That leads me to another point: the leadership of the Spirit. Many in the emerging church eschew typical Christian worship services for house church services that typically involve a very egalitarian and loose style: whoever feels called to sing or speak or teach, can. This creates manifold problems. The very first being the issue of orthodoxy. If anyone is allowed to sing or speak, how in the world do we know that person is even aware of the basic tenets of Christianity? If anyone in the service is allowed to lead in songs (which are extremely important in the education of Christians) how do we know that perversions will not creep in? This is tied to a second issue: authority. Under what authority do those teaching or singing teach or sing? Have they been vetted by an institutional body? Do they have credentials or even basic knowledge? You wouldn’t want an untrained doctor performing surgery on your brain, so why in the world are people insisting on allowing untrained Christians to teach or elucidate scripture?
Don’t get me wrong, I do not want to discount the ability of God to work in powerful ways among those who may not possess or have access to education or training, but I think it is entirely irresponsible of us to kind of just wait for the Spirit to *poof* give us a PhD in theology in the middle of a house church session when we in America have educational opportunities available to us. The architect who designed the house didn’t wait for the Spirit to poof, nor did the printer who made the Bibles or the luthier who made the guitars. And yet for some reason, the Spirit will always poof into a house church worship setting and lead us. Call me whatever you like, but God gave us brains and pens and typewriters and universities and such for a reason. Let’s utilize them and not get bogged down by this highly disorganized worship model. Besides, why can’t the Spirit lead the pastor and music minister of a mainline church as they prepare the worship on Tuesday? Why must the Spirit always be leading in the moment?
Continuing in this egalitarian, unorganized vein, I must say that it is as short-sighted as their historical argument. An unorganized group of people will never perpetuate itself. It will never expand, never reach out, never be stable or tenable in the long term. A group without a leader is without a critic, without someone with a vision, without someone who remembers the purpose of the organization. A group of people meeting in a house church will soon fall into a pattern. There will always be those who will speak up more regularly, those who will lead a song most willingly, those who will pray without much wheedling, and soon they will become the leaders. People will expect the speaker to speak, the singer to sing and the prayer to pray. The complete lack of organization will eventually produce that which it fears: organization.
And for the record, I’d like to say that organization is a marvelous thing. I’m glad that my church is organized enough to send groups to build churches all over the country. I am ecstatic that if I ever have children, I will be able to drop them off at children’s church, know that a lesson and a snack has been prepared and that qualified individuals are watching over them. I love deeply the fact that my pastor spends many hours a week organizing his thoughts into a sermon that he then presents at a carefully planned worship service, rather than rambling for thirty minutes and tossing in some buzzwords every now and then. I am overjoyed that there is a system in place to vet pastors, deacons and all other kinds of clergy and servants within the church, so that I can know that they are qualified and equipped to teach and serve in the name of God and his church. I revel in the organization I find in the church.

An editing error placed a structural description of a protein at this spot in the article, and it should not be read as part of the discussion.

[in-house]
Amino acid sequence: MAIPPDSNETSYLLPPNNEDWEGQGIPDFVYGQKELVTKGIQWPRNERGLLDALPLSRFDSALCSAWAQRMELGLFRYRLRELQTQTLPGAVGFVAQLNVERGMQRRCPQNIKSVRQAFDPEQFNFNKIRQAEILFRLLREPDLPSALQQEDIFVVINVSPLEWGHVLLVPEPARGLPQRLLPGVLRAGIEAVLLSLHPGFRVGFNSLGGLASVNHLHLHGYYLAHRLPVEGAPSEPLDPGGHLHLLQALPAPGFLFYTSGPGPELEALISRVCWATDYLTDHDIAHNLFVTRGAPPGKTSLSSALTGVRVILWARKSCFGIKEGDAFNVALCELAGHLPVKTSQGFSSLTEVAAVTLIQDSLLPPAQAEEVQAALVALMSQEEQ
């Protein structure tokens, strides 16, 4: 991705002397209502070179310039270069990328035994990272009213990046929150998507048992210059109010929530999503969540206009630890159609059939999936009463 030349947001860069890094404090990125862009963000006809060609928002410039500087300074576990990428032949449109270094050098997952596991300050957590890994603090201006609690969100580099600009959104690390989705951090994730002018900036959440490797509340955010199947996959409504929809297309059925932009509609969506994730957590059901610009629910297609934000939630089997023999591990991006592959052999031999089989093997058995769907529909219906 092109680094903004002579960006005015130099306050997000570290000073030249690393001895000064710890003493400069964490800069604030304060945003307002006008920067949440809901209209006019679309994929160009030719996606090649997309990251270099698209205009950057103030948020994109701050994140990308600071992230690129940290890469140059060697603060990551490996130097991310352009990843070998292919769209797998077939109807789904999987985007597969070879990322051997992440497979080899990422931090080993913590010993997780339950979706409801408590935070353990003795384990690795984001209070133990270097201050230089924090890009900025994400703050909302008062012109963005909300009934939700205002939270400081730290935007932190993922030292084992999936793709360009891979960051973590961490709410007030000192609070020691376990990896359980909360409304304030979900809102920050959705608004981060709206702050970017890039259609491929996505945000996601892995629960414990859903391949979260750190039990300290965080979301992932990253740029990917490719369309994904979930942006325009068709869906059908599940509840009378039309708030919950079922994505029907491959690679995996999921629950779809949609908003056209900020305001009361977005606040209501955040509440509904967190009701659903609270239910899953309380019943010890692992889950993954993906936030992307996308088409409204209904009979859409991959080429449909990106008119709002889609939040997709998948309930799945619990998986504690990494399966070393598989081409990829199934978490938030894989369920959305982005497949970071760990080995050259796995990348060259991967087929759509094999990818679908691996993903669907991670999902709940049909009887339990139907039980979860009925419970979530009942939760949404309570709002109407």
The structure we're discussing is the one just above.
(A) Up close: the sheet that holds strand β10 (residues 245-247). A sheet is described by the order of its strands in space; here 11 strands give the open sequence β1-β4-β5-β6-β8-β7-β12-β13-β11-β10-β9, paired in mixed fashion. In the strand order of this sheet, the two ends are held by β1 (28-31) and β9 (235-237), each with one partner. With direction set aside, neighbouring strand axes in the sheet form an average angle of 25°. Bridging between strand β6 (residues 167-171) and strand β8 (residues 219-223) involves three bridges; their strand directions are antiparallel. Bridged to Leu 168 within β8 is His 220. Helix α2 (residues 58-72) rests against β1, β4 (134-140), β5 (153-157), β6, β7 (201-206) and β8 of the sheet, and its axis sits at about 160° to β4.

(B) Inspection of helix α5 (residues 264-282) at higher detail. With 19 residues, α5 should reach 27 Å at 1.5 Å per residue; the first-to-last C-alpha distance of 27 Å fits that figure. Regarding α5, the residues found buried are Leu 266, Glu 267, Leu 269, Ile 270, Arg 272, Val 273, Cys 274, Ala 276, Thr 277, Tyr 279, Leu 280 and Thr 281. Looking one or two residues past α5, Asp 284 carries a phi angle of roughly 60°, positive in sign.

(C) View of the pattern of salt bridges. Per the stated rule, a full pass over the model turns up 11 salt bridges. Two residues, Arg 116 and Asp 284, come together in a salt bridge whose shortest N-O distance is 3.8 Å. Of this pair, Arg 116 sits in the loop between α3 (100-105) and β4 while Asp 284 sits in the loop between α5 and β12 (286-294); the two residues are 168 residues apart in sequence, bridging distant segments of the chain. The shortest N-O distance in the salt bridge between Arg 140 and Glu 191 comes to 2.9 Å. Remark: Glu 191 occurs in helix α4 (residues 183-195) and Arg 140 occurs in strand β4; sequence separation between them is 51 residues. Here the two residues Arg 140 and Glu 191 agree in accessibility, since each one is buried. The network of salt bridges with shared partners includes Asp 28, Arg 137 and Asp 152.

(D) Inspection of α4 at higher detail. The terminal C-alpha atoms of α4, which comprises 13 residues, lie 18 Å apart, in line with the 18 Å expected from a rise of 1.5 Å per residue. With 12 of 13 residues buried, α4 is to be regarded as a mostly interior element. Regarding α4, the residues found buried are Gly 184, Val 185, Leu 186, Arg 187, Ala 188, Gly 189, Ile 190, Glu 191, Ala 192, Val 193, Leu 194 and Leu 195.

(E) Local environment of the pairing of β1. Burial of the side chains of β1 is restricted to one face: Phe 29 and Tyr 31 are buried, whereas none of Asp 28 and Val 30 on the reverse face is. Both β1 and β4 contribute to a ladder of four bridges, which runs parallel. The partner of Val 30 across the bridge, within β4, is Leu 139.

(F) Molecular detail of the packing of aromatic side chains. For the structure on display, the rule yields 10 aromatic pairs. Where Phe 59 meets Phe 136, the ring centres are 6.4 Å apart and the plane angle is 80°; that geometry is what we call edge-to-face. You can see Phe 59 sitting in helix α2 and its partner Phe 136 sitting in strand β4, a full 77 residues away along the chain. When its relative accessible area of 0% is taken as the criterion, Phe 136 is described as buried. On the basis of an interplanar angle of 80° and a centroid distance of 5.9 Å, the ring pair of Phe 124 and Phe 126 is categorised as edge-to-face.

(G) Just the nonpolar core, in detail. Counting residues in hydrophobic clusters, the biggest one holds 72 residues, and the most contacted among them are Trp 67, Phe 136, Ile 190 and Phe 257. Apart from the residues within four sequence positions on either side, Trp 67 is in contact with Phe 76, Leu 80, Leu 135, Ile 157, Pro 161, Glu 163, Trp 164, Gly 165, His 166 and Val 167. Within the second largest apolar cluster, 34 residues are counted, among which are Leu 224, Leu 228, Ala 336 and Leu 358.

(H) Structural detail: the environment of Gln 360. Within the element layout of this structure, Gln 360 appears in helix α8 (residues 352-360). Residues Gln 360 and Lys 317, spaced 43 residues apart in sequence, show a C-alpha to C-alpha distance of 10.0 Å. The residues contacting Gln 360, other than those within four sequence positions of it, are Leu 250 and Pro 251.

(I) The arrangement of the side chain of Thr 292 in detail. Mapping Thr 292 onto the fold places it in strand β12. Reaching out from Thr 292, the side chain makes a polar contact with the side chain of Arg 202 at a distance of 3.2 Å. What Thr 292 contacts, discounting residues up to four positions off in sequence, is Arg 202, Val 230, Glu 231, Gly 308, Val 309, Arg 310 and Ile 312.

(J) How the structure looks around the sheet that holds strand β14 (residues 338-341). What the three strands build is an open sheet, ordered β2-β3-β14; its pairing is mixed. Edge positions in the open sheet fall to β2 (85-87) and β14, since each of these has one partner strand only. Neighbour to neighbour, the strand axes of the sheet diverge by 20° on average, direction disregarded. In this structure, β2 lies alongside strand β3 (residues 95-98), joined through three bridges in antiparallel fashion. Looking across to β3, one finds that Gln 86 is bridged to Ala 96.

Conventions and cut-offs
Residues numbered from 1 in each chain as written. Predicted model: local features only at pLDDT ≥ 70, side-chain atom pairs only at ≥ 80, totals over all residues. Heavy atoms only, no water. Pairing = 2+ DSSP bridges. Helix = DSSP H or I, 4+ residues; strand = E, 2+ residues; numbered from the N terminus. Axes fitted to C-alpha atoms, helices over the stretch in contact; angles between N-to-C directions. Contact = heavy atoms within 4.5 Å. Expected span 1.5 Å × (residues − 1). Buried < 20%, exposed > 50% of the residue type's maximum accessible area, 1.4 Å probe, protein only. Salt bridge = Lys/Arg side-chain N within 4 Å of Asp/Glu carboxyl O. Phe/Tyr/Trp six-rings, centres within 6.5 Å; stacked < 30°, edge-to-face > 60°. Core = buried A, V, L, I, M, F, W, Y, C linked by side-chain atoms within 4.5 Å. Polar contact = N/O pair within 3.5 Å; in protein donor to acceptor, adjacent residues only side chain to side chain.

Still, don’t let my critical attitude toward the ecclesiology of the emerging church make you think that I am deaf to their critiques. Though they don’t have a solid understanding of what church is, they do have a solid understanding of some of the things churches should do. For example, their clinging to the early church model powerfully points out areas of praxis where the church is clearly lacking. The communal sharing of property in Acts 4 is a beautiful expression of the love we should have for one another and the disdain with which we should treat our personal possessions. The common meal, as it should be practiced, is a similar expression, and the sharing of lives at table is always a sacred thing, something we should continually strive for. Their commitment to ancient practices like the passing of the peace, labyrinths, meditation and the like reveal a commitment to a deep spirituality and an awareness of certain parts of Christian history that are vital to our continued existence. They know community and spirituality, they just don’t yet have a handle on ecclesiology.
We’re not in danger of losing the church. I am not saying that the existence of the emerging church is going to lead to the end of Christianity as we know it. What I am saying is that emerging ecclesiology (a term I use very loosely) is short-sighted and historically misinformed. These emerging Christians do community really well, but they’re pretty fuzzy when it comes to good theology. If we listen to each other, maybe we can strike a better, more historically authentic, balance.
What do you think? Is the emerging model of ecclesiology a tenable one? Is it orthodox? How do you feel about organization? Does it stifle the leadership of the Spirit? Let me hear you.